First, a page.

Back of the brain…

This is going to be a living post.  In it I’ll keep a continually changing and morphing list of things I’ve ran across that I want to dig into further and research, learn, play with, etc.  It never fails, as I’m diving head first into learning something new, I always run across other things I want to learn and start following those threads, which in turn lead to find other threads to follow.  The end result is I always forget where I started and what I was originally trying to learn. Oh the pains of being ADHD and slightly OCD.  🙂

So, in an effort to try to solve the life-long dilemma, I’m going to start adding these new threads here instead of either immediately following them, or thinking “I’ll follow that later” and at the same time knowing I’ll forget before “later” comes around and I’ll never follow it.  Hopefully, at various points in my life, I’ll remember to come back here and pick something from the list and follow it and thus my desire to research and learn all things “cool and geeky” in the world will eventually be fulfilled.

  • V8 – Google’s open-source Javascript engine they use in their browser, Chrome.  It supposedly compiles down to native machine language and uses “hidden classes” behind the scenes to make it very fast.
  • JavaScriptDotNet – “Javascript .NET integrates Google’s V8 Javascript engine and exposes it to the CLI environment. Javascript .NET compiles (at runtime) and executes scripts directly from .NET code. It allows CLI objects to be exposed and manipulated directly from the executed Javascript.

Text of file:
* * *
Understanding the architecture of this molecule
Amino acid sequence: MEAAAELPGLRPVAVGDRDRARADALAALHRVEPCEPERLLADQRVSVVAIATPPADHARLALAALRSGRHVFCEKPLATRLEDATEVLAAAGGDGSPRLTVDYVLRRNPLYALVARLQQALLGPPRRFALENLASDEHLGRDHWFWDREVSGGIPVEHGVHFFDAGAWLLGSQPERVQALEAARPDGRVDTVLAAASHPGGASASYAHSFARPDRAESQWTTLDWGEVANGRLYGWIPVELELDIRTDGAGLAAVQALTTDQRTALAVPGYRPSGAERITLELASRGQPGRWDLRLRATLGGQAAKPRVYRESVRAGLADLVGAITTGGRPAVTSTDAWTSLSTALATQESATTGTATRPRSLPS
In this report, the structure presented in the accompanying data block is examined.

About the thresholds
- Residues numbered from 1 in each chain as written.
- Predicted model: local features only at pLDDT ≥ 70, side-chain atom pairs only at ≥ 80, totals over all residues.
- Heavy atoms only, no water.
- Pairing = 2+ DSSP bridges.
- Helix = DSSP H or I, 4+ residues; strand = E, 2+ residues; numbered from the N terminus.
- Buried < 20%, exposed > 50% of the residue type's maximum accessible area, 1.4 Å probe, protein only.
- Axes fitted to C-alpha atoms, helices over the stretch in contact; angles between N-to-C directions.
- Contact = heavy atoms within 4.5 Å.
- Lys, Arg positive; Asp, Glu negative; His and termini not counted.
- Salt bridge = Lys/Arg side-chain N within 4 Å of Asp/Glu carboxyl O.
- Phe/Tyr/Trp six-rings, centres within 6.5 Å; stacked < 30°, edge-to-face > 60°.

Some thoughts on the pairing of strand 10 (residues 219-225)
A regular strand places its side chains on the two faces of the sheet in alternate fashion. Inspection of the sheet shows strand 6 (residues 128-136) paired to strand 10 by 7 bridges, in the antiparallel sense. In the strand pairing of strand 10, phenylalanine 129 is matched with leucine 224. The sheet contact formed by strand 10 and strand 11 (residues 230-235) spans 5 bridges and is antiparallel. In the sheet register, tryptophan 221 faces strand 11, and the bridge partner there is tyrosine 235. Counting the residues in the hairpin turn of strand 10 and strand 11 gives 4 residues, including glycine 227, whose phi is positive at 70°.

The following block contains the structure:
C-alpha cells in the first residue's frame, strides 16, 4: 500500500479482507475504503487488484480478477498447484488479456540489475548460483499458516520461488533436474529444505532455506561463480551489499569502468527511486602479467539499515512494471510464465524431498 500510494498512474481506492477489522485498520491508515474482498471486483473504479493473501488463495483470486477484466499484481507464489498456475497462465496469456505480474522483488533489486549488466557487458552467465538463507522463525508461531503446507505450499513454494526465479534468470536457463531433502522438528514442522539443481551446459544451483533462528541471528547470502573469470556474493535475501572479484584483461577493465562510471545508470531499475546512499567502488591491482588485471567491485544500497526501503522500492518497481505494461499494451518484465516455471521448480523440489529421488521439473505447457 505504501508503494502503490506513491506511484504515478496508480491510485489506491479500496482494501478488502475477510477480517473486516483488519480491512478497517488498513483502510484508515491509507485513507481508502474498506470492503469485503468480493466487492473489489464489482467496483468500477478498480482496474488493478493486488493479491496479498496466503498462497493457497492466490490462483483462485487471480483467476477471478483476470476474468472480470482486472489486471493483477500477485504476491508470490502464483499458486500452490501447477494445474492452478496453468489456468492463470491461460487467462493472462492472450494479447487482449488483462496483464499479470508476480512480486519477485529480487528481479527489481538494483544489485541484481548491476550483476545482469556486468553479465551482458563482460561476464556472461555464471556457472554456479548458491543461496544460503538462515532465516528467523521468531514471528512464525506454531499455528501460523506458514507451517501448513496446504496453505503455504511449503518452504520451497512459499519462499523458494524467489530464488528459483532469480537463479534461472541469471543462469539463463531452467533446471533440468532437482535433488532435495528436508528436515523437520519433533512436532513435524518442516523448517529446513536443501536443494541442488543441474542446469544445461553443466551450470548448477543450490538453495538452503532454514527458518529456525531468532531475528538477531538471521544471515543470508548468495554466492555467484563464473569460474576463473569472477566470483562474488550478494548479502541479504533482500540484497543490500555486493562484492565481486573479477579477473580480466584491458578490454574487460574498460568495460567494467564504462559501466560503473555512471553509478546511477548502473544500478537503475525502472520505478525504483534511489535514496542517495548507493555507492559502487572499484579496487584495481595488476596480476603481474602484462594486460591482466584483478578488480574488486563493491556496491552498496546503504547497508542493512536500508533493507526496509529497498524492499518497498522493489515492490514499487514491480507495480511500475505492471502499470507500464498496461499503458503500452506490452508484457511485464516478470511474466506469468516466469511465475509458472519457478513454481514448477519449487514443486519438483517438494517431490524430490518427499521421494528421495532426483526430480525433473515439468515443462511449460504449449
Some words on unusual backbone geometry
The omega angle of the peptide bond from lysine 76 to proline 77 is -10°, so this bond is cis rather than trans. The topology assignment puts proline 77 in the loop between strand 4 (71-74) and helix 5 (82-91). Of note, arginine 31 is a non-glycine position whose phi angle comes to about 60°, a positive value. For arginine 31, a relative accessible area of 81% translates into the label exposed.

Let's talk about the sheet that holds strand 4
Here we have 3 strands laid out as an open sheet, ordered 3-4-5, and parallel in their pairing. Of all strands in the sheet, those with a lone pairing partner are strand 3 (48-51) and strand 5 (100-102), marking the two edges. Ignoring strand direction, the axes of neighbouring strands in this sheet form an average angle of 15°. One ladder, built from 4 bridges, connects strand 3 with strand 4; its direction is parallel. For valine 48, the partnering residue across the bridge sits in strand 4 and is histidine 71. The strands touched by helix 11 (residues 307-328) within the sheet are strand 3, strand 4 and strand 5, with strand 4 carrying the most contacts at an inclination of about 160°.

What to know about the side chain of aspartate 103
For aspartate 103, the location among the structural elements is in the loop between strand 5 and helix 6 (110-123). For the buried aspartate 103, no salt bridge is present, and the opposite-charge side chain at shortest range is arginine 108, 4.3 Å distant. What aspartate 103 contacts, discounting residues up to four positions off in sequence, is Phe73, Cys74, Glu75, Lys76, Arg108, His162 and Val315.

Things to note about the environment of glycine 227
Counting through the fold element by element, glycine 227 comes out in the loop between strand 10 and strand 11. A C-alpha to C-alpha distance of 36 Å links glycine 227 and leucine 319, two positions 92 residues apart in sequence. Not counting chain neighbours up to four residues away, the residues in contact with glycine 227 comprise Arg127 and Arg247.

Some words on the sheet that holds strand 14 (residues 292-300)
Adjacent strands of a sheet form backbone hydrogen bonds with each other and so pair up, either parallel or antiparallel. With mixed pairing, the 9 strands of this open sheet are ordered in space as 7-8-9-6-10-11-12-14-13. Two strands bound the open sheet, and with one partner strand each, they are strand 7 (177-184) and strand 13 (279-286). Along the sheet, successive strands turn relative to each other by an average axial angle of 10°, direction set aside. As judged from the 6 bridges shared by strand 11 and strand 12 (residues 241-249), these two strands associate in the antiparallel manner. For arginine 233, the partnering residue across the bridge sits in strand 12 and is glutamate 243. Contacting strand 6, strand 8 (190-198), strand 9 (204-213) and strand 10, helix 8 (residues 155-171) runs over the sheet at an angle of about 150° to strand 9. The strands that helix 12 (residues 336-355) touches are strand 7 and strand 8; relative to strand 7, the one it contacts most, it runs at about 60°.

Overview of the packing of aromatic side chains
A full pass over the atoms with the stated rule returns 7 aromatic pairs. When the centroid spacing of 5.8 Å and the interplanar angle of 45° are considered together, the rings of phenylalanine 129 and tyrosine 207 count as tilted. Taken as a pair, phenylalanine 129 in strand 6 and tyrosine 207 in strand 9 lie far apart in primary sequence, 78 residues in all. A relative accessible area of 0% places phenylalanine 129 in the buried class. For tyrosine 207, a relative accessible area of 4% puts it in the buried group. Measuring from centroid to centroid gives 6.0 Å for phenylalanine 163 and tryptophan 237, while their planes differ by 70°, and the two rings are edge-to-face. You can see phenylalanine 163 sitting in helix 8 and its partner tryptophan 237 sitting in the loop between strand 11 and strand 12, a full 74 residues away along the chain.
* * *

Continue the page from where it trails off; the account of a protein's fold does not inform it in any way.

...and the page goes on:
• node.js – “… a platform built on Chrome’s JavaScript runtime for easily building fast, scalable network applications. Node.js uses an event-driven, non-blocking I/O model that makes it lightweight and efficient, perfect for data-intensive real-time applications that run across distributed devices.
  • Socket IO – Allows for real-time bi-directional communication with a server in a Javascript web application.  Uses HTML5’s WebSockets if available.  Possible good library to use for WebSockets functionality since WebSockets are supported on all the major browsers (read “IE 9 and earlier don’t support it”).  Starting with IE 10, all the major browsers should support WebSockets and SocketIO will use WebSockets if available.  It will fall back on Flash Sockets, AJAX long polling, and others to enable functionality even in older browsers.
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